The late and very lamented Bear-Bear was a people-cat, so much so that he largely ignored other animals, to concentrate solely on humans. What a fellow he was.
My friend Renn is also a people-cat. He likes other cats, as well. He is Tungsten’s pal, always taking the opportunity to sniff her nose - or her other end - and keeps trying to get close to my foster-beast, Cammie, who treats his efforts like a tap that runs with both hot and cold water. But above all, Renn loves his humans.
Possessed of a cool and logical mind, my big boy is a scientist, specialising in the study of water. But his heart is susceptible not to reason, but to the lure of human company. He loves lying with me on the bed. He is always the first of my roommates to join me there at night. If I wake in the middle of the night, I will inevitably hear a repetitive ‘rrrrrr rrrrrr rrrrrr’, and feel heavy footfalls making their way up toward me. To Renn, even the middle of the night is an opportunity for some interspecies comradeship.
If I go for a nap during the day, I need only lie on the bed and I will hear his sturdy tread trotting to the bedroom. How he knows the difference between me sitting on the bed and lying on it is a mystery. But he is a learnèd cat.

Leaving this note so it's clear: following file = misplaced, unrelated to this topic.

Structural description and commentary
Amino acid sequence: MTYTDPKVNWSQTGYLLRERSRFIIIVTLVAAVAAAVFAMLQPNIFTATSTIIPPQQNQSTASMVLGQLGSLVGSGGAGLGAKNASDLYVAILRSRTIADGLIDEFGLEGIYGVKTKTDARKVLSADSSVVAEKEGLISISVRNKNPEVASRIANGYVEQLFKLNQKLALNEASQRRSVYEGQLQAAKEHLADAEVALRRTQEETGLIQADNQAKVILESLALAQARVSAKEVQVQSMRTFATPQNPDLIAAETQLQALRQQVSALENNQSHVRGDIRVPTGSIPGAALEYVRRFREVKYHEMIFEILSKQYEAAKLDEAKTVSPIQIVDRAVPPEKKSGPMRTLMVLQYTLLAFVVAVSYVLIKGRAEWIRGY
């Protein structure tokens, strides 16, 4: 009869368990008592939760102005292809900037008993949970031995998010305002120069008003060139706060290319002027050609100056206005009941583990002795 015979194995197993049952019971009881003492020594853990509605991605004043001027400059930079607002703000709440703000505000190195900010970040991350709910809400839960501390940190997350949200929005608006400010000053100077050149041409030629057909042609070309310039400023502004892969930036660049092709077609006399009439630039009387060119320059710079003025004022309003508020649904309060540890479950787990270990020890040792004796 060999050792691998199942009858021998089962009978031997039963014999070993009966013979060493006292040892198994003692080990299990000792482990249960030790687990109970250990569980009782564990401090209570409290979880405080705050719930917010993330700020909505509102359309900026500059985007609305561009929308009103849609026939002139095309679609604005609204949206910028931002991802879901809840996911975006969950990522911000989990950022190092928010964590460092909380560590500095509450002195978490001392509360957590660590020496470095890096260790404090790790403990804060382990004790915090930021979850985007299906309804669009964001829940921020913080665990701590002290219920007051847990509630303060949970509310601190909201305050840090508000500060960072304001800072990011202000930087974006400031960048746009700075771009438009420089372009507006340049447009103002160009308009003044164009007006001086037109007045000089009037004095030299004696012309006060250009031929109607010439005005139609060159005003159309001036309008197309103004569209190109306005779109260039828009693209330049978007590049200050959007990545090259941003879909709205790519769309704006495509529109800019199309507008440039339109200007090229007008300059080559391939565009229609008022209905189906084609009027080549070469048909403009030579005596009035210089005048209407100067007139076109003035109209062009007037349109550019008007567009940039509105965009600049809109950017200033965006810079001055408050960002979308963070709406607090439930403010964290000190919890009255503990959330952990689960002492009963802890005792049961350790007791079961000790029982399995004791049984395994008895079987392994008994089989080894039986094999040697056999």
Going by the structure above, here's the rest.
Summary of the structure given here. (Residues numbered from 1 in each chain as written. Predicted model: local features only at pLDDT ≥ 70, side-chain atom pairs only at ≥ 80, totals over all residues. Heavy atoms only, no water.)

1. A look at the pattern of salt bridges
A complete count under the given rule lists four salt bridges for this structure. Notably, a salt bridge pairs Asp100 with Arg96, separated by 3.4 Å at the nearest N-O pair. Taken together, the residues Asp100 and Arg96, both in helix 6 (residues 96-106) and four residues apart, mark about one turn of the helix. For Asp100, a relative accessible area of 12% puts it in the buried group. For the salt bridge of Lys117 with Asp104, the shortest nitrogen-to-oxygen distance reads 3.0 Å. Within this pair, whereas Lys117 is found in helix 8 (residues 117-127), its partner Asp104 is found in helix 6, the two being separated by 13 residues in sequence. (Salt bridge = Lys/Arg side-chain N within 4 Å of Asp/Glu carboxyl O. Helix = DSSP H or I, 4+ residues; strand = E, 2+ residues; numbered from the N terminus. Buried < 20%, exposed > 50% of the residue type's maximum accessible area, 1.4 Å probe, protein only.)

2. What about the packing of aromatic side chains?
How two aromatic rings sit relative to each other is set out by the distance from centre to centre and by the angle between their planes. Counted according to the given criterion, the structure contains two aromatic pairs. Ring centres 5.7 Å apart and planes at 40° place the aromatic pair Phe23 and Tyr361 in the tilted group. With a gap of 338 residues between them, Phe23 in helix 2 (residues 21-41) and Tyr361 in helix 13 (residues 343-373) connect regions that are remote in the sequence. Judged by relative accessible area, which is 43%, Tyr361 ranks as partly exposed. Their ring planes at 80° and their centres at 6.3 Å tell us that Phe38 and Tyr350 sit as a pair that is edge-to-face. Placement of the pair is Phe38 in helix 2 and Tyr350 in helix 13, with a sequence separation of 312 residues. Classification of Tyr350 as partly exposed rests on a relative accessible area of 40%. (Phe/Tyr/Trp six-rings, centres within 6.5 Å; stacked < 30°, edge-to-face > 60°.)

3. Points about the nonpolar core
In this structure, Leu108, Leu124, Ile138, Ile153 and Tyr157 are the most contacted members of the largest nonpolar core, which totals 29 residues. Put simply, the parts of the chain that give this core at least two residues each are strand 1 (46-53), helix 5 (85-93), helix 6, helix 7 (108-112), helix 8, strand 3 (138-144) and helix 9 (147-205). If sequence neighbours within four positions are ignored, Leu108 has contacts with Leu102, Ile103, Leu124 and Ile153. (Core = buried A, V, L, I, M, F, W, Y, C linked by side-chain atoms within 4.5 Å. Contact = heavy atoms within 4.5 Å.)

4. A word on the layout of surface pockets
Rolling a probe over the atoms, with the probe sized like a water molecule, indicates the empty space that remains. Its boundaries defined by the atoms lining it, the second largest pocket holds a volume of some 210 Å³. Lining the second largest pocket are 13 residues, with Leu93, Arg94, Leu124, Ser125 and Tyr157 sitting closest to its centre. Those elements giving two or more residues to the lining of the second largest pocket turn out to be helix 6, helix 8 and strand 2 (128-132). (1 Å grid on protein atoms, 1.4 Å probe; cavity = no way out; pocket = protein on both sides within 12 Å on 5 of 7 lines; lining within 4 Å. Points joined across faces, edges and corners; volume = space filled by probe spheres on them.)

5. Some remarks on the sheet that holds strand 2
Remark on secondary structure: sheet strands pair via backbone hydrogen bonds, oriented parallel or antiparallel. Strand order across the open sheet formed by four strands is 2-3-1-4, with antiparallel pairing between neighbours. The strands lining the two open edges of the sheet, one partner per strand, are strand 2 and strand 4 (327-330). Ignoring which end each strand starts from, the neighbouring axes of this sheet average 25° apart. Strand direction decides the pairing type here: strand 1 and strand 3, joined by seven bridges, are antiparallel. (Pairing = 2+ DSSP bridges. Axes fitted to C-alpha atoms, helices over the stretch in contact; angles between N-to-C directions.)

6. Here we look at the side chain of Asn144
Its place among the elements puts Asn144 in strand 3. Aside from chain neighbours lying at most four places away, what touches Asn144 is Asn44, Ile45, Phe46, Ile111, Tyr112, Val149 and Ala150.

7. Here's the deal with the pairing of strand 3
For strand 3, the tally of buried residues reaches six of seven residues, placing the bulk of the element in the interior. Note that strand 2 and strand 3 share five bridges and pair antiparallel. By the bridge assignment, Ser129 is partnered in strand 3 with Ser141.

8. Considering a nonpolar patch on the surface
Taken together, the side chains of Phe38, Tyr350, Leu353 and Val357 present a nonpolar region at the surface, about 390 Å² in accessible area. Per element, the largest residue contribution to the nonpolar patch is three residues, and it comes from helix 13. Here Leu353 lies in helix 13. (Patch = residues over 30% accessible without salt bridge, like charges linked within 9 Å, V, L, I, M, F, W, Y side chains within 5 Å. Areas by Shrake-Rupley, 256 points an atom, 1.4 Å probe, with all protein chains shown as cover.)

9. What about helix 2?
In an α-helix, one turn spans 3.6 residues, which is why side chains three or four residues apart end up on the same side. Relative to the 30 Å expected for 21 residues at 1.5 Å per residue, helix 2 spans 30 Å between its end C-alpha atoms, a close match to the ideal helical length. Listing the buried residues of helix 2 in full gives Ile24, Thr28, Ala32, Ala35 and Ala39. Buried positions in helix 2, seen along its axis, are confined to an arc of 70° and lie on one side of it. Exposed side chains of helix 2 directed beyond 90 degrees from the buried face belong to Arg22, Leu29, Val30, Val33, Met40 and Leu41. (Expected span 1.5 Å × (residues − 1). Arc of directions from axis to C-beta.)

When I sit on the couch, perhaps after dinner, relaxing with a book and a cup of tea, Renn will eventually come to join me. He will lie against me, and likes to feel the reassuring touch of my hand on his flank or, better yet, on his chest.
Periodically, he will find me while I am writing or reading, and come up to me, his back arched and his big floofy tail wagging like a hound’s. I can’t resist him then and we spend a few minutes in mutual admiration. He is not a lap-cat, really, and has only rarely jumped up there. But if I pull him up to rest there, he will purr contentedly for a long time.
What draws these animals to their humans? Why do they choose to like people, or some people in particular? Renn doesn’t like raised voices. There have been times when, angered by a dish that decided to spill its contents (it’s no use blaming me; I didn’t do a thing) or a cat-toy that leaped into my path, I will curse with some vehemence. Renn hurries away at such moments, crouching low, heading for the basement as a refuge. He has known fury; perhaps he has been its target. But this has not soured him on humans, and when I assure him he is not to blame, he slowly resurfaces, and knows all is well.
It’s cats such as Renn who have made pets of their species, chums for humans who expect nothing from them but companionship. I have mentioned before that he reminds me of a dog. He is my faithful dog, the sort who shows us that fidelity and friendship are not exclusive to canines.